Menos Paradox fnnished

Menos Paradox fnnished - Adam Kozak 996988586 PHL105Y Mr...

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Adam Kozak 996988586 PHL105Y Mr. Schranz Menos Paradox The dialogue between Socrates and Meno is focused on answering the question of the definition of virtue and the nature of learning virtue. Both men agree that virtue is a word commonly expressed. The first question that Meno asks takes for granted the definition of the word ‘virtue’ and Socrates finds this to be appalling. Socrates claims to not know what virtue is and requires an explanation. Both Meno and Socrates start from different assumptions about the nature of virtue specifically how can it be known. While Meno has taken the definition for obvious Socrates claims it to be a word that has not been expressed clearly by any man. As Meno gives accounts of what he thinks is ‘virtue’ Socrates rejects all his claims on the grounds that they are not adequate. Meno says virtue is “what else but to be able to rule over people”. Socrates then adds this of course must be done in accordance with justice and Meno agrees. As Meno then explains what virtue is has included justice then Socrates objects to this form of definition. According to Socrates this account of virtue is not complete. Instead of giving a complete definition that can be applied universally Socrates exclaims that Meno is only explaining certain parts of what virtue is made up of and is not offering a complete comprehensive definition. Meno then adds that virtue depends on the role one has to play in society. Specifically he says “Every age, every condition of life, young or old, male or female, bond or free, has a different virtue…”. Socrates then prods further into Meno and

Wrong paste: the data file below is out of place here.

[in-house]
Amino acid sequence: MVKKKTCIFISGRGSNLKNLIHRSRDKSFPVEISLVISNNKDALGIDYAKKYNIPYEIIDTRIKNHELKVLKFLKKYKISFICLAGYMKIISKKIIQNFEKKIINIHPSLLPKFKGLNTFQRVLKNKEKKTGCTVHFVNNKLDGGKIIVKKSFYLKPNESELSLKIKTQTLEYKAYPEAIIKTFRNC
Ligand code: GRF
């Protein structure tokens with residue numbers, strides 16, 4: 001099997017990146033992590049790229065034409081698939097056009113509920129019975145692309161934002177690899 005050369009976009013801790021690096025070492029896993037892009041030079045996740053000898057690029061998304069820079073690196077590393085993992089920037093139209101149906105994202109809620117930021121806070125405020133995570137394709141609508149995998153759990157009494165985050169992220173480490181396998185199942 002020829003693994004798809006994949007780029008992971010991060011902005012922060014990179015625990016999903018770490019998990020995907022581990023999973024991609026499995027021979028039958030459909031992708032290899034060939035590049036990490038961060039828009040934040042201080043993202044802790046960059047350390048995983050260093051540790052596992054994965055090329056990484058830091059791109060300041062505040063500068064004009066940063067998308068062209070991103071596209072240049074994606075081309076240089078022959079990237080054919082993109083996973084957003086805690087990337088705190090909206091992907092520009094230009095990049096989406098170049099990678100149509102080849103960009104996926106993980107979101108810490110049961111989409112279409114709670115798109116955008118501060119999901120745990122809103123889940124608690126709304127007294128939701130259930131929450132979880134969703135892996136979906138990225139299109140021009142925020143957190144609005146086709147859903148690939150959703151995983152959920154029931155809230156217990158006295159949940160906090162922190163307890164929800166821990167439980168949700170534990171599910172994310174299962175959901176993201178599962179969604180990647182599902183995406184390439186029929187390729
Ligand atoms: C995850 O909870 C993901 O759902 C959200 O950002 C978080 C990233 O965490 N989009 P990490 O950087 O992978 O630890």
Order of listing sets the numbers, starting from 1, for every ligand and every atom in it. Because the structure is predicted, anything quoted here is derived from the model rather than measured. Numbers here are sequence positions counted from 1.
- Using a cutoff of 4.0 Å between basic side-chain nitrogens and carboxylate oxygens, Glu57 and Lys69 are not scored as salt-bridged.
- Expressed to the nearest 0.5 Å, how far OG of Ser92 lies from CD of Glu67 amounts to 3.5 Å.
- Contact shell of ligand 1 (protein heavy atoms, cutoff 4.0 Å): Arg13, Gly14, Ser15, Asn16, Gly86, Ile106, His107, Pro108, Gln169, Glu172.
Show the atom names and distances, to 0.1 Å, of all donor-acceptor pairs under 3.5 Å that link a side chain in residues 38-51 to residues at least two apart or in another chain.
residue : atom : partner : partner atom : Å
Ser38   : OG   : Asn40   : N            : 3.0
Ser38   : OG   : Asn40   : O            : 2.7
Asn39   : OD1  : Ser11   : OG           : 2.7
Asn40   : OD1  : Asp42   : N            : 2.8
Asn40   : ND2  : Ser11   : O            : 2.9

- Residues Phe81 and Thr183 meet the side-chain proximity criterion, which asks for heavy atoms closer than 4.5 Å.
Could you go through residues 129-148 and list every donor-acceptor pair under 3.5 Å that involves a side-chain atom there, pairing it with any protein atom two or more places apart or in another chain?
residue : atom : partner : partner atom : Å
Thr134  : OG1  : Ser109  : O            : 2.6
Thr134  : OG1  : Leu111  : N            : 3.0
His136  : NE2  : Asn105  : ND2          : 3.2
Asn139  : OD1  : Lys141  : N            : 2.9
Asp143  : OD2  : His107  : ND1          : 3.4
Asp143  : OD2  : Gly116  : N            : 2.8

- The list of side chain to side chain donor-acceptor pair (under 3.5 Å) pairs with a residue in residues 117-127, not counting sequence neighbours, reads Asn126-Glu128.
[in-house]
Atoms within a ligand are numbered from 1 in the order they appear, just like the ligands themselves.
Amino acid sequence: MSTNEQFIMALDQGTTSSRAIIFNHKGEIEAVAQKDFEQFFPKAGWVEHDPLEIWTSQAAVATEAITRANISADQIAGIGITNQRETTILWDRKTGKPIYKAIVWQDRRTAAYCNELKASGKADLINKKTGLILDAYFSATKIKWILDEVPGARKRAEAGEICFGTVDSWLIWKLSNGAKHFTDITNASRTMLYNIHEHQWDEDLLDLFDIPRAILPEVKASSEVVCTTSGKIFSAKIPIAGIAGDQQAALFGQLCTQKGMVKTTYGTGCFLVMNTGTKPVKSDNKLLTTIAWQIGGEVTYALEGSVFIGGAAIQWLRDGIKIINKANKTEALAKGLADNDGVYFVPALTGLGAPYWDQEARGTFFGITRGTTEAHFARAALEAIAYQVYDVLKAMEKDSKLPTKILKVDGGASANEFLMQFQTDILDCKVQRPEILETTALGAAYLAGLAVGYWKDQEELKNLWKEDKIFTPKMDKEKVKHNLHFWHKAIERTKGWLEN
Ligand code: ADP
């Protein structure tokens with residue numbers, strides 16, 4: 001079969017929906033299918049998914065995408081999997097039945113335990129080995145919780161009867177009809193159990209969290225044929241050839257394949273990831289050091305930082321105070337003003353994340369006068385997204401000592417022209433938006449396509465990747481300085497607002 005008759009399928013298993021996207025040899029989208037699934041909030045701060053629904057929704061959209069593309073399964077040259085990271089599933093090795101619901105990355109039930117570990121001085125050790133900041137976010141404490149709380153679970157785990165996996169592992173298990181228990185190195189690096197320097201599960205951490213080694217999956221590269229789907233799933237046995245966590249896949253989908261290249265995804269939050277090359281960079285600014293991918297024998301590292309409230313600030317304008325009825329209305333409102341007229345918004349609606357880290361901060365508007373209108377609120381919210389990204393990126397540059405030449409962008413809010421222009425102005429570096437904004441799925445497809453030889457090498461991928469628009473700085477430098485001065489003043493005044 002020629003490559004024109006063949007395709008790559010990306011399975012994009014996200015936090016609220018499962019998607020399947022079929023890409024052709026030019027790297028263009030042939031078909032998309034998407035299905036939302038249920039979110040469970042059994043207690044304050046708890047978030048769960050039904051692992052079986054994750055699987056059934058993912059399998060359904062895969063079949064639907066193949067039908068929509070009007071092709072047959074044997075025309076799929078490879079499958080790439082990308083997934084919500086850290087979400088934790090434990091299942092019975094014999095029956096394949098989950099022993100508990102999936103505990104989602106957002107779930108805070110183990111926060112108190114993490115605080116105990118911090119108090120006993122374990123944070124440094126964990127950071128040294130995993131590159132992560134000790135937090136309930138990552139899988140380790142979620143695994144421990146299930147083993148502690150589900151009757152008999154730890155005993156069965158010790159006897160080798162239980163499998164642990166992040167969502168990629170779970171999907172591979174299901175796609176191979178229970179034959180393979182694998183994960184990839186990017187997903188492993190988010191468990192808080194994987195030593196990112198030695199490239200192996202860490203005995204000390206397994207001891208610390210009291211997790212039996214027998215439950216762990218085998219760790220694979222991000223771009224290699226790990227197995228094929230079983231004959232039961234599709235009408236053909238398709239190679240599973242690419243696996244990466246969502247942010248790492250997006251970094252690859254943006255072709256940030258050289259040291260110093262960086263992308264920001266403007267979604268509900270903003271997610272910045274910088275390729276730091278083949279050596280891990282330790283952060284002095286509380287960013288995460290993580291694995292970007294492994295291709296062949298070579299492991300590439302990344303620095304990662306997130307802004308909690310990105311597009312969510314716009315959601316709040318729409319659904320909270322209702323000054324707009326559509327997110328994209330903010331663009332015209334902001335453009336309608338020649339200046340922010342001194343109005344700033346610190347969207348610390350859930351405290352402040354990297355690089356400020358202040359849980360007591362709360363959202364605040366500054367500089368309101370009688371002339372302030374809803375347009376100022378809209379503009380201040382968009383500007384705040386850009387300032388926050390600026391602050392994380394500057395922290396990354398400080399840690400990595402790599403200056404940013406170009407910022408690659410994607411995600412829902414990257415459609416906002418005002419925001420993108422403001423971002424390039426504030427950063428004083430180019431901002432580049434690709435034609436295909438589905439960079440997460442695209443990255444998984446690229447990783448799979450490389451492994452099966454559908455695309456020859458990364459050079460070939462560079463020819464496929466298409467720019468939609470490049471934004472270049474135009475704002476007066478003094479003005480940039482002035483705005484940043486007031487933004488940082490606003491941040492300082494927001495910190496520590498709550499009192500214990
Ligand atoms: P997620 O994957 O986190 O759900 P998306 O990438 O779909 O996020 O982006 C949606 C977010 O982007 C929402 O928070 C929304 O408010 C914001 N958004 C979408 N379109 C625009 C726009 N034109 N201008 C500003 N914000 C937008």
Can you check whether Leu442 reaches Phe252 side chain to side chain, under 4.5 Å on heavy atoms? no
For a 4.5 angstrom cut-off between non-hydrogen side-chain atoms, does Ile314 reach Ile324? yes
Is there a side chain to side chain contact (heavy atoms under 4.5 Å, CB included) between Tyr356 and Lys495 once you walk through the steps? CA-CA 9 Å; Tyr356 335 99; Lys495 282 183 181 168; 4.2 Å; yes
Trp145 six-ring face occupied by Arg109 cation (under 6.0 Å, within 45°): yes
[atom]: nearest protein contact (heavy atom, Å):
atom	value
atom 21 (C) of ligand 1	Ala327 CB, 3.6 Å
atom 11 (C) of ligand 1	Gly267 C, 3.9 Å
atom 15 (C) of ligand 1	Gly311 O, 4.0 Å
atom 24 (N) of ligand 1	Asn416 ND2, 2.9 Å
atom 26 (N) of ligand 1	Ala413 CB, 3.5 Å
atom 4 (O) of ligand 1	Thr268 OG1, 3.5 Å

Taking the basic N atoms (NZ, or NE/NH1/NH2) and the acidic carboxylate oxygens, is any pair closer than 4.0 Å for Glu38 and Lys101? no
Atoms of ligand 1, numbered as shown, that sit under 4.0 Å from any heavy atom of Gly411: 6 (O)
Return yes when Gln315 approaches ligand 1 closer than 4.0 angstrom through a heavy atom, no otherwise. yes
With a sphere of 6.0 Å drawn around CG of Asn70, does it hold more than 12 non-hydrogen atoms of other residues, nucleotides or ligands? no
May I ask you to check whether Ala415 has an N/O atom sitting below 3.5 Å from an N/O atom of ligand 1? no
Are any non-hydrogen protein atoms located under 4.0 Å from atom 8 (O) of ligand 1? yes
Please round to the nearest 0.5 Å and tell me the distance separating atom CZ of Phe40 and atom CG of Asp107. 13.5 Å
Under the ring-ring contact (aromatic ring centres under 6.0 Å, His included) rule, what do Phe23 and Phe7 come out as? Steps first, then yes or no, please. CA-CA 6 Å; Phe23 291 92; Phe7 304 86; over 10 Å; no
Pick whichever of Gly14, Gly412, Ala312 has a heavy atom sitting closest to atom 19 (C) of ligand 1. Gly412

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questions him as to what qualities do all virtues possess. Although Meno agrees with Socrates in that certain qualities such as strength will have a universal quality no matter who posses them, Meno feels as though “this case is different from others”. Socrates tells Meno that other things such as bees may have unique qualities but that they must have something universal about them that classifies them as bees. This is what Socrates wants
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This note was uploaded on 03/01/2010 for the course PHI 312F taught by Professor Morrison during the Spring '97 term at University of Toronto.

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Menos Paradox fnnished - Adam Kozak 996988586 PHL105Y Mr...

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